Time is running out in Britain for a generous £5,000 ($7,777) grant program for buyers of plug-in electrified vehicles.
With now 35 cars to choose from, and more perks like free parking and charging offered as well, 36,000 grants have been spoken for out of an allotted 50,000 and it’s predicted the program could max out by the end of this year if the present rate of sales continues.
Sales of plug-in electrified cars in the UK started slowly and the grant program intended to kick-start the market in 2011 initially saw little success, but that has changed, says the Guardian.
For 2015 sales have quadrupled over the same period last year to 11,842 units though May.
The PEV car grant along with £8,000 for plug-in electrified vans has seen sales spiral upwards with cars like the Nissan Leaf and Mitsubishi Outlander plug-in hybrid being among the top sellers.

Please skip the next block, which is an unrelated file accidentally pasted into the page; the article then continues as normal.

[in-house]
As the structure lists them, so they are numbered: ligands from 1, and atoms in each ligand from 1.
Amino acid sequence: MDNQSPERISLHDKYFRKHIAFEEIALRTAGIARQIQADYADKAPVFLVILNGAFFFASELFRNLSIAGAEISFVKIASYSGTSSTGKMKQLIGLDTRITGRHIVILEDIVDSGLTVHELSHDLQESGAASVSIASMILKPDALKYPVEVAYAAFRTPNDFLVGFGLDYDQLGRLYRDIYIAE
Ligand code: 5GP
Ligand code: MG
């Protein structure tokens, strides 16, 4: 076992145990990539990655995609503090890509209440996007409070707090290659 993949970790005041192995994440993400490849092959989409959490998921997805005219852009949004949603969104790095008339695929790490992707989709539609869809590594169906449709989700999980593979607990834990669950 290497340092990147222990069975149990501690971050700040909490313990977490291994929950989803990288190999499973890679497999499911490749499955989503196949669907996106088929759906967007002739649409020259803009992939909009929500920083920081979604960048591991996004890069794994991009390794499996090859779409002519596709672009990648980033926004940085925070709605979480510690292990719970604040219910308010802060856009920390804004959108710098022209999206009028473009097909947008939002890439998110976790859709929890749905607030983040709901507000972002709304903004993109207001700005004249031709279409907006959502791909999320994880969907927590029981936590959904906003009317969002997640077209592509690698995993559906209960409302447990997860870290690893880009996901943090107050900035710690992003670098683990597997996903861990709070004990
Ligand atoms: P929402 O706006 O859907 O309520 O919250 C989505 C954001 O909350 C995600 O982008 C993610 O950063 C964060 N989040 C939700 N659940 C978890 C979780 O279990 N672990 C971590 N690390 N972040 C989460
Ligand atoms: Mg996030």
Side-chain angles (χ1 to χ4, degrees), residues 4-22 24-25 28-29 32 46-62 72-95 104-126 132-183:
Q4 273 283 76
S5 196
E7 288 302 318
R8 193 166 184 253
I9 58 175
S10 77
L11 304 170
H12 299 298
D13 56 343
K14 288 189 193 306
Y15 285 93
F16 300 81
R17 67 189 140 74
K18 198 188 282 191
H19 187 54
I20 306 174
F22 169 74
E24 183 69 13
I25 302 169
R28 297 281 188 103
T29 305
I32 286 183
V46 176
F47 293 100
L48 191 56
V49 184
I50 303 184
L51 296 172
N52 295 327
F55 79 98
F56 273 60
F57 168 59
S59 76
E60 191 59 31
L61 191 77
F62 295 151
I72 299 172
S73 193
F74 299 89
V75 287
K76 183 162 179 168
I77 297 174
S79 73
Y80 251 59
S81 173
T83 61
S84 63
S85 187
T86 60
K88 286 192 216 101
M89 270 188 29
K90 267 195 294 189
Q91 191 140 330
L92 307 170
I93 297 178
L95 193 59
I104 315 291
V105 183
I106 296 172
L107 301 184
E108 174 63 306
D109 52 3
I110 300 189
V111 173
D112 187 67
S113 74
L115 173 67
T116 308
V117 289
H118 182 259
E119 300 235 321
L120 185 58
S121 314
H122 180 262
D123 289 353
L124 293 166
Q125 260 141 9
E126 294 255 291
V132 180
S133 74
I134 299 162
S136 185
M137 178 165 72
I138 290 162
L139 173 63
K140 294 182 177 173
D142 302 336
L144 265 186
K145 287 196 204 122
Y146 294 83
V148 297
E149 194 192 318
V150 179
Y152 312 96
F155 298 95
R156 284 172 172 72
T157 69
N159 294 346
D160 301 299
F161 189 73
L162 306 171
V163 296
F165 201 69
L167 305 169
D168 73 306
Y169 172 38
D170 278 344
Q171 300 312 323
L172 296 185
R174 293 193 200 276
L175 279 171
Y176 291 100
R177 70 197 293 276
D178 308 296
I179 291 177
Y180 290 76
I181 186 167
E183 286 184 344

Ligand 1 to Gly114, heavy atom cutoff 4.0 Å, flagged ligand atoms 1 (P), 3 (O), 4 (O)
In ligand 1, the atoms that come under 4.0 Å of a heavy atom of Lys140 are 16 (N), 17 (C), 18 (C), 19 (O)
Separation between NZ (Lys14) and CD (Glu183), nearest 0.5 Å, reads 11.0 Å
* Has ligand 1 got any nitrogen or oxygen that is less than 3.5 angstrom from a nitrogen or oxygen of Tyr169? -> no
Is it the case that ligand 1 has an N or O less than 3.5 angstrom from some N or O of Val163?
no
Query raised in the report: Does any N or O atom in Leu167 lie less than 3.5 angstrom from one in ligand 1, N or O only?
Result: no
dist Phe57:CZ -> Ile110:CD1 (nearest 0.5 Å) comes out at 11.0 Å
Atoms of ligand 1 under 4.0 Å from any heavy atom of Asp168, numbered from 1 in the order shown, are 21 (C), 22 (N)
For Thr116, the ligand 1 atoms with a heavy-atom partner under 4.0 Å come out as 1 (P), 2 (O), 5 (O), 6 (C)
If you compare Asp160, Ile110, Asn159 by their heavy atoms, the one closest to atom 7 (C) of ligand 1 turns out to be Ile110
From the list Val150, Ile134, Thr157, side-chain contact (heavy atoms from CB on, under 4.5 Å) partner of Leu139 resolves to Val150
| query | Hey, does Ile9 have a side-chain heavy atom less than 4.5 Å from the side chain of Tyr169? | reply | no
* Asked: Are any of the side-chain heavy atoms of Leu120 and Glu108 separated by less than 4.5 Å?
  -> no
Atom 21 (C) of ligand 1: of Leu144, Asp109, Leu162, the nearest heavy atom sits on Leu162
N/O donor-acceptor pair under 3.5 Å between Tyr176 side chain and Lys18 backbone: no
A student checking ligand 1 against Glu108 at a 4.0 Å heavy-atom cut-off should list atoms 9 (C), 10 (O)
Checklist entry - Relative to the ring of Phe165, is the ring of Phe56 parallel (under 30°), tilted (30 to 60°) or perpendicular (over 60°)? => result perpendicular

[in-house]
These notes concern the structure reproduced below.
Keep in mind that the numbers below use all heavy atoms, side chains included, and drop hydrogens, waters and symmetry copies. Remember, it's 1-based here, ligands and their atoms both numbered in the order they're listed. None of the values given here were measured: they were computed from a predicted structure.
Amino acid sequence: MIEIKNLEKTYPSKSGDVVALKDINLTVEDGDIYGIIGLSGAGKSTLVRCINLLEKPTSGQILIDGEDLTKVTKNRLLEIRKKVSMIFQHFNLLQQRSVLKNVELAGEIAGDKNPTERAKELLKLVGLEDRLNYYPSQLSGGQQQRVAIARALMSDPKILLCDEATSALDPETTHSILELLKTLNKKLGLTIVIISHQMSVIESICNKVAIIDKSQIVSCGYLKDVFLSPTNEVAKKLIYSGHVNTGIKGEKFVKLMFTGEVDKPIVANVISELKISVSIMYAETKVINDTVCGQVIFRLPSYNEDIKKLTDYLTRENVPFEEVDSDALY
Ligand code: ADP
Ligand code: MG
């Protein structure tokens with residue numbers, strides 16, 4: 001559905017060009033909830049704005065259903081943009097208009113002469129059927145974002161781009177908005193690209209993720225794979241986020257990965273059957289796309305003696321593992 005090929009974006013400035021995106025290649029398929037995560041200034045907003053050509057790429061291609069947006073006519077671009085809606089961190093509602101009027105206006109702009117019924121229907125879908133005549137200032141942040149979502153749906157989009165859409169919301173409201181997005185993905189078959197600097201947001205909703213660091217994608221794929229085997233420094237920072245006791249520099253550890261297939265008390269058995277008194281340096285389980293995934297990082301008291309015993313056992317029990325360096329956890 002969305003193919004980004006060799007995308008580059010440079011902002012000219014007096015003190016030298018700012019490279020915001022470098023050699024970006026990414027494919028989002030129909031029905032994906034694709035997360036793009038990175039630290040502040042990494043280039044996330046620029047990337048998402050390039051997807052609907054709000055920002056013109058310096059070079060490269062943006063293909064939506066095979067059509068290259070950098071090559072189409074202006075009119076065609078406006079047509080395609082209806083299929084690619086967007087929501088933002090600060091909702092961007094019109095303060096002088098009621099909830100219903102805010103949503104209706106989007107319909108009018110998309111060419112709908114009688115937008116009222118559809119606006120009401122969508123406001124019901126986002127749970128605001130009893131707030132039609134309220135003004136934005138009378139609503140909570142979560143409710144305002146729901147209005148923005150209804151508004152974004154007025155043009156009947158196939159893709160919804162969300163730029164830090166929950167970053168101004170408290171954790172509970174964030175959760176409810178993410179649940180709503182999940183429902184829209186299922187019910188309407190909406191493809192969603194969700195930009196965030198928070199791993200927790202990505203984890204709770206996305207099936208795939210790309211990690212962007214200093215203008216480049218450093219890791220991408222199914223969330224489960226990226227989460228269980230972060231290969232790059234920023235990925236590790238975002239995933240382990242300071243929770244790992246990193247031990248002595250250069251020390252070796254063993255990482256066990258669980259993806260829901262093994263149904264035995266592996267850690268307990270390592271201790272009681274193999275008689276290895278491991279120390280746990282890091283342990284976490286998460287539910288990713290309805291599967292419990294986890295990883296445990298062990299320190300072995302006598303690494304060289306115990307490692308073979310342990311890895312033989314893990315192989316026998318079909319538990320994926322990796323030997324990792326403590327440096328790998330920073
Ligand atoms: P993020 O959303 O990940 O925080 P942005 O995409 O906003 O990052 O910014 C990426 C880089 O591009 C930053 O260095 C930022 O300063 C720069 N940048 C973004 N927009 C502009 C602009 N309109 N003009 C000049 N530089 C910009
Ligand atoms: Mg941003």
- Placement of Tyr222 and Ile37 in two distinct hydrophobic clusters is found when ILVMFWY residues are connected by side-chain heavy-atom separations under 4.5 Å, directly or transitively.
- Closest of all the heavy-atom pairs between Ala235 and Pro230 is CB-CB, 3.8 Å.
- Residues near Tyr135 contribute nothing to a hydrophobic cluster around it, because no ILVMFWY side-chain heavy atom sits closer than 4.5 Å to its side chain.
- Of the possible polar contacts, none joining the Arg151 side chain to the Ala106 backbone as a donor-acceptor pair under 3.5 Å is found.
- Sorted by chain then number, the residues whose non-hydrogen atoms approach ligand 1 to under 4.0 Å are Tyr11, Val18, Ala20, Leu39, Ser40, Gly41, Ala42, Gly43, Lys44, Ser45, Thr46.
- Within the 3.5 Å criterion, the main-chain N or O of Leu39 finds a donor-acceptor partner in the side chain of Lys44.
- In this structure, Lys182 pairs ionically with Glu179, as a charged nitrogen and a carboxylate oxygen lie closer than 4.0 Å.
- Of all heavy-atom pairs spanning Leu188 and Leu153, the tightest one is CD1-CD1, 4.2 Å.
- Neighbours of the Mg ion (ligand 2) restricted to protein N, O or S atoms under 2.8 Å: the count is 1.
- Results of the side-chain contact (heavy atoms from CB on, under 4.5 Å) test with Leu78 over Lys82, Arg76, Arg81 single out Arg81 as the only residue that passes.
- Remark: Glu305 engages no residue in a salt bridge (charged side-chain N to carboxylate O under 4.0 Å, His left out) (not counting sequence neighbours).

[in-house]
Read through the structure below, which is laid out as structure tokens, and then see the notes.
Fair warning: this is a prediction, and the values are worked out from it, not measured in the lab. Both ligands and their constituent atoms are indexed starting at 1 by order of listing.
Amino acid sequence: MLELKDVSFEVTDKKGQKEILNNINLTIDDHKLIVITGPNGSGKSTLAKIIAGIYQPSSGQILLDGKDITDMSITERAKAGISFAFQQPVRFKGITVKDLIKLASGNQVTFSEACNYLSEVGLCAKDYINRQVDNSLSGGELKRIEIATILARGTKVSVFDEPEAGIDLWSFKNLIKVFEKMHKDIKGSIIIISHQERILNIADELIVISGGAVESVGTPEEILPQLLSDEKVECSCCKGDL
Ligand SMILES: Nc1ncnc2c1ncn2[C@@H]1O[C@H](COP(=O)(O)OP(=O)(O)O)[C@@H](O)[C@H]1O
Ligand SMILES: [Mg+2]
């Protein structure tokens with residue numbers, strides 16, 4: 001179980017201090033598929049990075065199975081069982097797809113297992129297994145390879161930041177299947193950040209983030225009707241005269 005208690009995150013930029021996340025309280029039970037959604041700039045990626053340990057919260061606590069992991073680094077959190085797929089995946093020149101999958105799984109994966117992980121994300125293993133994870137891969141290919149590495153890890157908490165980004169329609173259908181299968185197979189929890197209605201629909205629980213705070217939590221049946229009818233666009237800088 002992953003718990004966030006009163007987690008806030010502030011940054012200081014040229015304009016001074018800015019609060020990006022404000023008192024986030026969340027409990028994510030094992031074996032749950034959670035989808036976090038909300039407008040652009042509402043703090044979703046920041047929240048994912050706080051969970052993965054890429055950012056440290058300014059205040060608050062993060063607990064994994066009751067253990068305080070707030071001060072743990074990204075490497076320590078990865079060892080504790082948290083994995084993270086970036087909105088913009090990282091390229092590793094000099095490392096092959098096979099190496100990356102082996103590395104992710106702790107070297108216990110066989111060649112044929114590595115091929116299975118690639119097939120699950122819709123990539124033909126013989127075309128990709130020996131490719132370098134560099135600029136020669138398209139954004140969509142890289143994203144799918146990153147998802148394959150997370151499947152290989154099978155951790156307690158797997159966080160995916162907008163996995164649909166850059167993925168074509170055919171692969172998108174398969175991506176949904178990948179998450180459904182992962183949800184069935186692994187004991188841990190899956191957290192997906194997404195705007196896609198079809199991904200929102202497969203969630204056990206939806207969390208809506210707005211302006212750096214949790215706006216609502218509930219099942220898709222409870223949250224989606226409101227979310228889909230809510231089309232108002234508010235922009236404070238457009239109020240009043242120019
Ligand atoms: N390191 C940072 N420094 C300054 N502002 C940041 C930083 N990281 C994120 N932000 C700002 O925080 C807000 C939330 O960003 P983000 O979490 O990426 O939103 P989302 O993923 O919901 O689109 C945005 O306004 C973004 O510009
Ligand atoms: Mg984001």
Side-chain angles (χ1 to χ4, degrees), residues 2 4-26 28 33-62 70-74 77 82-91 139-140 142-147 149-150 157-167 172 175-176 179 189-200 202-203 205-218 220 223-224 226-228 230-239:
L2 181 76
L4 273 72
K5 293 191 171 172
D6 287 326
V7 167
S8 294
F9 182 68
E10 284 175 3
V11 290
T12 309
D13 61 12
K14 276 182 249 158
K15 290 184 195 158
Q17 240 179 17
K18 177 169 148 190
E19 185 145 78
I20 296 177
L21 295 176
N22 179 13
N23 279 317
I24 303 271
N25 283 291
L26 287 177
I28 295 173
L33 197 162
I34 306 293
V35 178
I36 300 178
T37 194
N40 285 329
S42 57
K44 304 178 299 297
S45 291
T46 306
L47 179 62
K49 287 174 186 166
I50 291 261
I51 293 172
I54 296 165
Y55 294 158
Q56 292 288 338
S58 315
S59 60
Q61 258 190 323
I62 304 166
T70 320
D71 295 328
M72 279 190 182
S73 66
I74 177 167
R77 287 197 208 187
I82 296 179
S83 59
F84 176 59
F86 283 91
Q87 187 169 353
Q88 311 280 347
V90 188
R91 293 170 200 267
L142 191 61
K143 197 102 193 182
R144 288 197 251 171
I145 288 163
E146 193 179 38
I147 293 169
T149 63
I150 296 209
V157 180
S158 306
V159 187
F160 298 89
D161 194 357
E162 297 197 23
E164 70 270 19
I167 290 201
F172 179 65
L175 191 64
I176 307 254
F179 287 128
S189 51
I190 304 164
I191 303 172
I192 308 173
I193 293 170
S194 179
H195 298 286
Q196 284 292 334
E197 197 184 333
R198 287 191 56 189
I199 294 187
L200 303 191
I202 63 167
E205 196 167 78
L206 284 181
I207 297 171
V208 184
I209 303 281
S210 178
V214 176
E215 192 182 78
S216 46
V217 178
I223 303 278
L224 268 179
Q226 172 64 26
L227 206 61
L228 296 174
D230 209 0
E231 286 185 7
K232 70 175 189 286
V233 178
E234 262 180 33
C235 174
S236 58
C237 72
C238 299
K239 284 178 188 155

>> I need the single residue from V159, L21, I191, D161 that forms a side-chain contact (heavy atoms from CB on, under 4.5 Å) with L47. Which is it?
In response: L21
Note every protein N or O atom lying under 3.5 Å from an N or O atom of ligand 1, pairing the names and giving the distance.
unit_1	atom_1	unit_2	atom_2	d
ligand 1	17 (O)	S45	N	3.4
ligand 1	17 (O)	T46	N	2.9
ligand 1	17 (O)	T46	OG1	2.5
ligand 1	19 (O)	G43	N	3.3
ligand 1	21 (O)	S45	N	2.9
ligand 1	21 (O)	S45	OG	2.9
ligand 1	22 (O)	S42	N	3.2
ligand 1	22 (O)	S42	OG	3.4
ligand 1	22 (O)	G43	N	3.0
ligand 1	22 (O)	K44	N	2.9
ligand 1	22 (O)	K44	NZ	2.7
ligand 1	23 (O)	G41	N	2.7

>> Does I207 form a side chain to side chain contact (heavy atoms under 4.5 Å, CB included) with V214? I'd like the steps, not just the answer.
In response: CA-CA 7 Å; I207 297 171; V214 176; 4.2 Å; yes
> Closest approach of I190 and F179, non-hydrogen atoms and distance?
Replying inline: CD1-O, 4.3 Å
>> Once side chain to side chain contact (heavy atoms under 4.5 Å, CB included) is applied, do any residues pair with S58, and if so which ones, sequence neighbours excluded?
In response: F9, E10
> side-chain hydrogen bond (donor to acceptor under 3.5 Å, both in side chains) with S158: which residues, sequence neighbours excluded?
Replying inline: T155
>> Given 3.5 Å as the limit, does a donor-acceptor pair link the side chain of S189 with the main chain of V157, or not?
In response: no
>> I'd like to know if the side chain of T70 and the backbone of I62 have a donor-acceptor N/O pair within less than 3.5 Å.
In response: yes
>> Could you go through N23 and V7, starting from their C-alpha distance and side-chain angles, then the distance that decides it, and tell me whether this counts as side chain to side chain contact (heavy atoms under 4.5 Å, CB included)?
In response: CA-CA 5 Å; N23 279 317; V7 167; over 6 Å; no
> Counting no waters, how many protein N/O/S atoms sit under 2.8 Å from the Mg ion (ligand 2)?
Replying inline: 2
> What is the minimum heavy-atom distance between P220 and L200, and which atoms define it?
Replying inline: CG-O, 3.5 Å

In a land where petrol is quite pricey, the Guardian points out the value proposition for plug-in cars has not been lost on many a consumer.
“A full charge will cost around £2 to £3 and will give a typical range of around 100 miles,” says the Guardian. “Driving 100 miles in a petrol or diesel car will cost around £12 to £18.”
Plug-in cars however remain only 2.5 percent of the market, and now it looks like a major incentive may be drying up.
The Guardian does not mention whether the government might extend the perk, and suggest only that it will soon be going away.